Intended for healthcare professionals

Rapid response to:

Opinion Primary Colour

Helen Salisbury: Physician associates in general practice

BMJ 2023; 382 doi: (Published 11 July 2023) Cite this as: BMJ 2023;382:p1596

Rapid Response:

Re: Helen Salisbury: Physician associates in general practice

Dear Editor,

Dr Salisbury’s letter highlights important issues raised by the tragic death of a young woman recently debated in Parliament in reference to the role of Physician Associates (PAs). We hope we can all agree on the benefits of multidisciplinary practice in healthcare, recognising the importance of appropriate training, role boundaries and supervision.

Much to our disappointment, the Physician Associate profession is still awaiting regulation. The Faculty of Physician Associates (FPA) and Royal College of Physicians (RCP) have long called for the introduction of statutory regulation of PAs ( and this is finally on the horizon with the government consultation period ending last month ( ). If regulation by the General Medical Council (GMC) now proceeds at the pace promised, they are expected to open a register for PAs at the end of 2024.

In lieu of statutory regulation, the Faculty of Physician Associates introduced the PA Managed Voluntary Register (PAMVR), which allows employers to check whether an applicant or employee is a fully qualified physician associate. The FPA/RCP communicate at regular intervals with employers across the UK to strongly recommend that all PAs employed within a trust or GP practice are registered on the PAMVR ( The FPA recommends that PA registration is checked regularly in case a PA’s status changes, or they are removed from the register.

Regarding qualifications, we would like to clarify that student physician associates complete a two-year, postgraduate (level 7 i.e., master's level) qualification in physician associate studies, which involves teaching in medical science and clinical reasoning and consists of 50% theory and 50% practice. Developed in partnership with the RCP and Royal College of General Practitioners (RCGP), a national competency framework has been in existence since 2006, within which all student PAs in the UK are trained (reviewed and updated in 2012).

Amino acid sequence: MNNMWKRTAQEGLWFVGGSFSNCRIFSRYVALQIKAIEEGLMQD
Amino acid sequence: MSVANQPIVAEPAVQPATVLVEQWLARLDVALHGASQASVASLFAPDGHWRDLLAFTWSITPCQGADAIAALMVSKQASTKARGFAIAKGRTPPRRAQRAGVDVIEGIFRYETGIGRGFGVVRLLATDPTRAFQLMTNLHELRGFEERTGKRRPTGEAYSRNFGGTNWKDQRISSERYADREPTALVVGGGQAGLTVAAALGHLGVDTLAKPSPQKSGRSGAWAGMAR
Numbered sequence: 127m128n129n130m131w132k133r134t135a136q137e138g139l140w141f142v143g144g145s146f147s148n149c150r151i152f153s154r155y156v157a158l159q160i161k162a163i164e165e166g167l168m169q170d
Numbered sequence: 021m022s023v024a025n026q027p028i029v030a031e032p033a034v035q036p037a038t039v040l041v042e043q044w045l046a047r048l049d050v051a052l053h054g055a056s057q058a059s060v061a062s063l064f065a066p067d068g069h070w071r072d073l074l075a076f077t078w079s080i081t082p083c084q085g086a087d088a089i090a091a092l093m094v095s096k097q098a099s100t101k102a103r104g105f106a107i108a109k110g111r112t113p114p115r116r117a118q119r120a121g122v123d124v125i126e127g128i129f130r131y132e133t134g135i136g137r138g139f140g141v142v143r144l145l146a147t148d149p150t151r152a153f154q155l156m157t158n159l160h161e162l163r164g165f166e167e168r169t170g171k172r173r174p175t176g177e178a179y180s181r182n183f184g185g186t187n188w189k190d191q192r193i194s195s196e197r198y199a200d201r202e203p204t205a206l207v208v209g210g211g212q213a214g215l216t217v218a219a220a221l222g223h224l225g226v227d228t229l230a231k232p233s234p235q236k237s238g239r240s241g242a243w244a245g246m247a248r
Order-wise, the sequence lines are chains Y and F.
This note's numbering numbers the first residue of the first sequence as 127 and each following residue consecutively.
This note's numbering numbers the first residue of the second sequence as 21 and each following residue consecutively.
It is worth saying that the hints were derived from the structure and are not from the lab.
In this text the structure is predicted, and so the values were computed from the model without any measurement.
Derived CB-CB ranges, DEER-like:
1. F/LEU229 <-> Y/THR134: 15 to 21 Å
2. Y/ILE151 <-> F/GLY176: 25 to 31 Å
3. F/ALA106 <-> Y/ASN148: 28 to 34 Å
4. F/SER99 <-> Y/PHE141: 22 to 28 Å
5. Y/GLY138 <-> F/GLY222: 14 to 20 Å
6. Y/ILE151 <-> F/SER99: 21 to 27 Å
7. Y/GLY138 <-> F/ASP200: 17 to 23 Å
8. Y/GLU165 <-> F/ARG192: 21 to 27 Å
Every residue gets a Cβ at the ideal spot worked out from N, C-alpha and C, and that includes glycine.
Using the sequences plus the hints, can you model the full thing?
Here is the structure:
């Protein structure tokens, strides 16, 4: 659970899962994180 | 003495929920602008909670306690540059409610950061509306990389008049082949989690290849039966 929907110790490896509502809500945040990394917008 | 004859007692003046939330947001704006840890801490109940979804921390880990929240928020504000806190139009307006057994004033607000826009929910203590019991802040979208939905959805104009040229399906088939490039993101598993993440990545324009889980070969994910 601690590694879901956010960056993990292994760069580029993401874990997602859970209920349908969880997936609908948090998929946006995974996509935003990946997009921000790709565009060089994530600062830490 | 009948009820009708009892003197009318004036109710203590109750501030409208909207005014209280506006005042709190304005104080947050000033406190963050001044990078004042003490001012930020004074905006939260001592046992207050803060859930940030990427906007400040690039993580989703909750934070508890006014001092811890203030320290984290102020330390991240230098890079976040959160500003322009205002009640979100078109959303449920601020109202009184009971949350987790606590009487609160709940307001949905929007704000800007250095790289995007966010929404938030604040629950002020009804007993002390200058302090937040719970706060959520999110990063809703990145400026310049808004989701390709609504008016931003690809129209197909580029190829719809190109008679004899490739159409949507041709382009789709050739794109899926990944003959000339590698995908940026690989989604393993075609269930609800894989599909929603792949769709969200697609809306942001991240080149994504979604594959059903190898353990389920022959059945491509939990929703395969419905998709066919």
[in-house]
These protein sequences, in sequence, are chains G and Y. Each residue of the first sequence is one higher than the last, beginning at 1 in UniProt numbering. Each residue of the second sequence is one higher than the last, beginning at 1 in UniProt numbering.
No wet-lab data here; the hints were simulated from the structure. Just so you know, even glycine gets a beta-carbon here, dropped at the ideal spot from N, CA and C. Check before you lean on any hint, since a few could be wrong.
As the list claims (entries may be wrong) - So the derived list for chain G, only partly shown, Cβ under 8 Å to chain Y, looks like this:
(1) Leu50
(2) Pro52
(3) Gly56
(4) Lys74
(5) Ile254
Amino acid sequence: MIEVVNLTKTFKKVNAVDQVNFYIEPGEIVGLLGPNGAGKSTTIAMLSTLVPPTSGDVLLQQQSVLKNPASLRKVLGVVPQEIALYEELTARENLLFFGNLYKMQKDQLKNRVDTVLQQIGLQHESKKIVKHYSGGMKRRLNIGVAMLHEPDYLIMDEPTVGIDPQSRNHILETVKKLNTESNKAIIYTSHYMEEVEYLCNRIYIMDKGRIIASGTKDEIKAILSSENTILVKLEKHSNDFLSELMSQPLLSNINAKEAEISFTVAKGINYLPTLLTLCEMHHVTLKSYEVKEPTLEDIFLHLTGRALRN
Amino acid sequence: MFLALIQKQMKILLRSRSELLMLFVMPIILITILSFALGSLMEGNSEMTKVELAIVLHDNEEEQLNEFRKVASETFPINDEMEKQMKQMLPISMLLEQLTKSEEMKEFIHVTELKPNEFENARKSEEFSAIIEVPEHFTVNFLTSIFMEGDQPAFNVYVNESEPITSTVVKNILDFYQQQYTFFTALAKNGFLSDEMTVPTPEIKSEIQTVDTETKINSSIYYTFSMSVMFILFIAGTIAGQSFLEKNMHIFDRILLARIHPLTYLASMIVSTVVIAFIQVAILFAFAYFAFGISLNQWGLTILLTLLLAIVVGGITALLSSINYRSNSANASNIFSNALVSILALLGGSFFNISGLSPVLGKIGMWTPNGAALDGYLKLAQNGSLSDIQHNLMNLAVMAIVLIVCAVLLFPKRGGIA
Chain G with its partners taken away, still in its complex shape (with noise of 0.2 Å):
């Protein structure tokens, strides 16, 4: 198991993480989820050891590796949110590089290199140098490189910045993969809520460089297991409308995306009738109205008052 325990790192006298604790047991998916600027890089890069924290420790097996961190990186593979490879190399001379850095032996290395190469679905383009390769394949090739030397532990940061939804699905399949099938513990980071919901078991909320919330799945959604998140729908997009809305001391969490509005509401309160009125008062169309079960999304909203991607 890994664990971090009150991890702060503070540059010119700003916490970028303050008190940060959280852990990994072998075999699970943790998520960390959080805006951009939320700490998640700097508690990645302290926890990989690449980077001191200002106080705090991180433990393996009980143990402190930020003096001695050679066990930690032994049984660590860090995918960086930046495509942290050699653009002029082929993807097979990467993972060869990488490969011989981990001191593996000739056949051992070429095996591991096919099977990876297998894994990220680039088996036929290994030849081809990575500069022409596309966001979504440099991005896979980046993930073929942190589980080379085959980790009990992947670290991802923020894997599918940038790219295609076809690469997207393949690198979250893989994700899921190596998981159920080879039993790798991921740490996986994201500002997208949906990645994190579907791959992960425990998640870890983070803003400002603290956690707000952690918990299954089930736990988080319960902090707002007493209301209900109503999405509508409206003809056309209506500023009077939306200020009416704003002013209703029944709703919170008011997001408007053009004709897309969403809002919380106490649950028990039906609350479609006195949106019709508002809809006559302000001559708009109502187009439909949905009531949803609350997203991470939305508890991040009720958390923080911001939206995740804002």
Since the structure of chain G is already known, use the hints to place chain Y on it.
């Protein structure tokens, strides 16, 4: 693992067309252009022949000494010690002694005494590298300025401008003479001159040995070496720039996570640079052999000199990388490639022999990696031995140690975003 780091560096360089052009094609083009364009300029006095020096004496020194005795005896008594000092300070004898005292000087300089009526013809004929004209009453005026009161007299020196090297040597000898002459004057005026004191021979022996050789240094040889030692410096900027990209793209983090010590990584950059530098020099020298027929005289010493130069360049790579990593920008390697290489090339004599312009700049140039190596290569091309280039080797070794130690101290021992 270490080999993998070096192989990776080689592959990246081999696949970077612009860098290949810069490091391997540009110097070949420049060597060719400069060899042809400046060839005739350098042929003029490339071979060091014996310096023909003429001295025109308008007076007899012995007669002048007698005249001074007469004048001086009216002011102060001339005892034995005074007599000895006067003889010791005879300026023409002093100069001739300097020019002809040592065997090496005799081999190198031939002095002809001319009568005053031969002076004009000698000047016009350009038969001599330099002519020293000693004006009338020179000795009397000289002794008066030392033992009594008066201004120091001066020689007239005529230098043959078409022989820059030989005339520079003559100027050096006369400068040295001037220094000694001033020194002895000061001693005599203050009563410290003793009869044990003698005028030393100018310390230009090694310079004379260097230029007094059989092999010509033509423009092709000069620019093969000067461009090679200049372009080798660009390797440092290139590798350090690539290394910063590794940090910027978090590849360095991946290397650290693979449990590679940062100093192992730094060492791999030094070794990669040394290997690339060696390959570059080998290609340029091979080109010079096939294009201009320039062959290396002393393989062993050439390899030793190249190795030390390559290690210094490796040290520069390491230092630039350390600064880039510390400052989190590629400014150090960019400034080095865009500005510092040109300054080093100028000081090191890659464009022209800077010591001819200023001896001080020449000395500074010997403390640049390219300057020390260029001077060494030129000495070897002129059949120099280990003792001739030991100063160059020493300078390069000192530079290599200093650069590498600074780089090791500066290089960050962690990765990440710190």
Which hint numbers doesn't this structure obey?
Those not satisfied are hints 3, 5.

The FPA has also published several documents relating to supervision of PAs, an issue we see as pivotal in this tragic case. The Competency and Curriculum Framework (2012) clearly states that PAs "will always work under the supervision of a designated senior doctor (consultant, registrar or general practitioner)”. The FPA Code of Conduct additionally states that PAs "will always work under the supervision of a designated senior medical practitioner" ( Furthermore, Health Education England has also published guidance for PAs working in primary care which clearly states that PAs work under the supervision of a GP ( ), as has NHS England (, and there are multiple resources on the FPA website ( which give examples of how supervision could work in general practice settings.

We agree with the author that in stressed clinical environments supervisory named GPs, or in the secondary care setting consultants and senior medical practitioners, may struggle to fulfil the required supervision of physician associates and other professionals. The time and the ability to oversee all healthcare practitioners requiring supervision in primary and in secondary care needs to be addressed with urgency at a national level, so that the value and skill of associate professionals can be deployed to their most safe and effective use.

Yours sincerely,

Jamie Saunders, BSc (Hons), MSc, FHEA,
President, Faculty of Physician Associates

Professor Cathryn Edwards, OBE, MA (Oxon), D.Phil, FRCP
Registrar, Royal College of Physicians

Competing interests: Jamie Saunders BSc (Hons) MSc FHEA: President, Faculty of Physician Associates Professor Cathryn Edwards OBE MA (Oxon) D.Phil FRCP: Registrar, Royal College of Physicians

22 July 2023
Jamie Saunders
Physician Associate
Cathryn Edwards
Faculty of Physician Associates